Pittsburgh’s Government Induced Economic Funk

Member Group : Allegheny Institute

Private employment in the seven-county Pittsburgh Metropolitan Statistical Area (MSA) had still not returned to pre-pandemic levels in July, according to the U.S. Bureau of Labor Statistics (BLS).

And that remains a dysfunction of the same old – and same wrong – calcified government practices, concludes an analysis by the Allegheny Institute for Public Policy.

“(T)here is no getting around the fact that [the] Pittsburgh MSA’s performance is stunningly poor,” says Jake Haulk, president-emeritus of the Pittsburgh think tank. “It has lost, and continues to lose, ground in terms of population and employment to much of the country.

“That is undoubtedly due in large measure to Pennsylvania’s general poor business climate and the Pittsburgh region’s stultifying labor climate and lack of a distinctly pro-free enterprise political environment are out of step with the parts of the country that are enjoying superb gains,” the Ph.D. economist says (in Policy Brief Vol. 22, No. 32).

And even with the advent of the Marcellus Shale gas boom, the region, in toto, has not been able to move into a sustained stronger pattern of gains, Haulk laments.

The BLS July jobs report shows private employment trailed the July 2019 posting by 35,100 jobs, or 3.2 percent. Considered another way, more than 60 percent of the very sluggish 19-year gain from 2000 to 2019 of only 5 percent (51,300) has yet to be recovered.

Private-services employment, which has been the principal driver of net new jobs over recent decades, was still down 24,000 this past July compared to July 2019.  The sector had posted a gain of 83,000 jobs, or 10 percent, from 2000 to 2019, led by professional and business services, education and health and leisure and hospitality.

At the same time, retail employment fell 22,500 between 2000 and 2019, with a further net drop of 2,000 from the July 2019 level.

Meanwhile, goods-producing employment remained down by 11,100 from 2019 with all three components — manufacturing, construction and mining — still not yet recovered to 2019 readings.

That said, and most interestingly, the very hard-hit leisure and hospitality group — that during the initial lockdown in April 2020 saw a decline of almost 67,000 jobs (50 percent-plus) compared to the previous April number – appeared to be fully recovered with July employment nudging just higher than the July 2019 posting, the previously highest July reading ever recorded.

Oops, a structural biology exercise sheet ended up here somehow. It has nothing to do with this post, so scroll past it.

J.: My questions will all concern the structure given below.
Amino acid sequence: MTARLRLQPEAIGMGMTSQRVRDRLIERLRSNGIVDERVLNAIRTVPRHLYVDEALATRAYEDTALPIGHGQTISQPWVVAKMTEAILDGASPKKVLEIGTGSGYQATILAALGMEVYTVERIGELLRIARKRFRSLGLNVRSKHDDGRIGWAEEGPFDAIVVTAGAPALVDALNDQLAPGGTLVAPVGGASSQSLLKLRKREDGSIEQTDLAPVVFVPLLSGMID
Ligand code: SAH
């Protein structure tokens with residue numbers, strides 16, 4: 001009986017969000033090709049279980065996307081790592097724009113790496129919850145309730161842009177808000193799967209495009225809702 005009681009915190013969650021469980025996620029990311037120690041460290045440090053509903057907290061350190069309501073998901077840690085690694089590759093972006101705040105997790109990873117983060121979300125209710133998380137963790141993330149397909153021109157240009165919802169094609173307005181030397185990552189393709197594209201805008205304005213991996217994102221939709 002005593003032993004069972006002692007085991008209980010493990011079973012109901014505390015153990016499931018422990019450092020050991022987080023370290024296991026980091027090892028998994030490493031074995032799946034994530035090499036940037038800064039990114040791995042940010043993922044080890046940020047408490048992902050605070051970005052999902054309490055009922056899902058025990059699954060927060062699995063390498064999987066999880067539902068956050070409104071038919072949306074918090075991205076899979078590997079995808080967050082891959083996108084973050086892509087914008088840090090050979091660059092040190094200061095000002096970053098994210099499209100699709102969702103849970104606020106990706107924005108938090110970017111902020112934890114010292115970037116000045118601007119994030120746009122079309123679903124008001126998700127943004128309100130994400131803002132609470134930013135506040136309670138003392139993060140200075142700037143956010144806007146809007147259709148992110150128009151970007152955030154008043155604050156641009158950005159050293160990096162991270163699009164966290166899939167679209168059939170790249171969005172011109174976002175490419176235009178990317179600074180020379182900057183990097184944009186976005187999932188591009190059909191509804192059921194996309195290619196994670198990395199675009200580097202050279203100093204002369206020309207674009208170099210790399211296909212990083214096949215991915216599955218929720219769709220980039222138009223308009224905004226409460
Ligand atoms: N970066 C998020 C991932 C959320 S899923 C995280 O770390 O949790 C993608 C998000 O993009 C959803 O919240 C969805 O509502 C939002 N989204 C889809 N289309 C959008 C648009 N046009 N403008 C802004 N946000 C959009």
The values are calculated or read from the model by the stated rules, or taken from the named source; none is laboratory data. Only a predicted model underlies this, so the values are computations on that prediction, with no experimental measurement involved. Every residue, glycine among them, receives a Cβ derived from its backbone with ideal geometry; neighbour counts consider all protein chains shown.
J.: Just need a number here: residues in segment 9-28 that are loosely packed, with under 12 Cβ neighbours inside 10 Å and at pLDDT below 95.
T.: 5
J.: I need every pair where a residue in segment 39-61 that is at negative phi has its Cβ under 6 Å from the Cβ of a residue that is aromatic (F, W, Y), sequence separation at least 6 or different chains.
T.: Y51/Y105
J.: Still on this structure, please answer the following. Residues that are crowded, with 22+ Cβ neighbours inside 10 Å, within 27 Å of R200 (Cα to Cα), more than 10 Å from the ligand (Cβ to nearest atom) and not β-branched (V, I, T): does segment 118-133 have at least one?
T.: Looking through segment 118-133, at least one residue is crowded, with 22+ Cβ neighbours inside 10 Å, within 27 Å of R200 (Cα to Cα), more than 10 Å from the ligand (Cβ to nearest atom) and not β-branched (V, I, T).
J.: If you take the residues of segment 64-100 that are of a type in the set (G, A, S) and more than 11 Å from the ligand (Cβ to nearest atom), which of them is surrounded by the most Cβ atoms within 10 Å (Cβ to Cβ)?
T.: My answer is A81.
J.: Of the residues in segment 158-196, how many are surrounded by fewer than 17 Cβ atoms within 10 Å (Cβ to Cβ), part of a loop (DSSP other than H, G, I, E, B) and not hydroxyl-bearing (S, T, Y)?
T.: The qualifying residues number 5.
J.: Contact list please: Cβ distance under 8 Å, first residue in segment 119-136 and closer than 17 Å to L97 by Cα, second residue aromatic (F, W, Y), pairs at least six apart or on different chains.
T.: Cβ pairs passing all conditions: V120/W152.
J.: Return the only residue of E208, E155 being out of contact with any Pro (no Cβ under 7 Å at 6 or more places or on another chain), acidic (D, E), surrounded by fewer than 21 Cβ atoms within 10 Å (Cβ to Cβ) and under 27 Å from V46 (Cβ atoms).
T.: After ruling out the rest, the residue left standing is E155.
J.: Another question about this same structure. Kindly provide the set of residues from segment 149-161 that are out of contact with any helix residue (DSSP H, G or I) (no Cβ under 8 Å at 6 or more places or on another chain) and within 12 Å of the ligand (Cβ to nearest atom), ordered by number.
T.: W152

“In short, the Pittsburgh MSA is lagging the national recovery and is far behind many areas that have not only recovered but have added [a] large number of private-sector jobs beyond the pre-pandemic levels,” Haulk says.

And as the Allegheny Institute has noted, repeatedly, comparison studies of states that have Right-to-Work laws and low percentages of unionized public-sector employees with states that are non-Right-to-Work and have large percentages of public-sector employees unionized show the Right-to-Work states and MSAs are performing much better than cities and states with high rates of public-sector unionization.

But core to the Pittsburgh MSA’s economic malaise is that the City of Pittsburgh languishes in terms of population and has an outrageously expensive and ineffective public school system.

“Pittsburgh’s city government is much too large and expensive for its population size compared to a benchmark of other cities,” Haulk adds.

And it continues to depend heavily on the legacy created by the creators of industrial and banking fortunes who funded world-class institutions — hospitals and universities, museums and sophisticated entertainment venues — and left enormous philanthropic organizations to continue the betterment of the community.

“Sadly, the legacy they bequeathed has not been able to offset decades of heavy-handed intrusive government economic, labor and public education policies and attitudes that continue to inhibit private-sector growth that is not heavily subsidized,” Haulk ruefully recounts.

“These are policies and attitudes that unfortunately permeate much of the region,” the think tank scholar concludes.

Colin McNickle is communications and marketing director at the Allegheny Institute for Public Policy ([email protected]).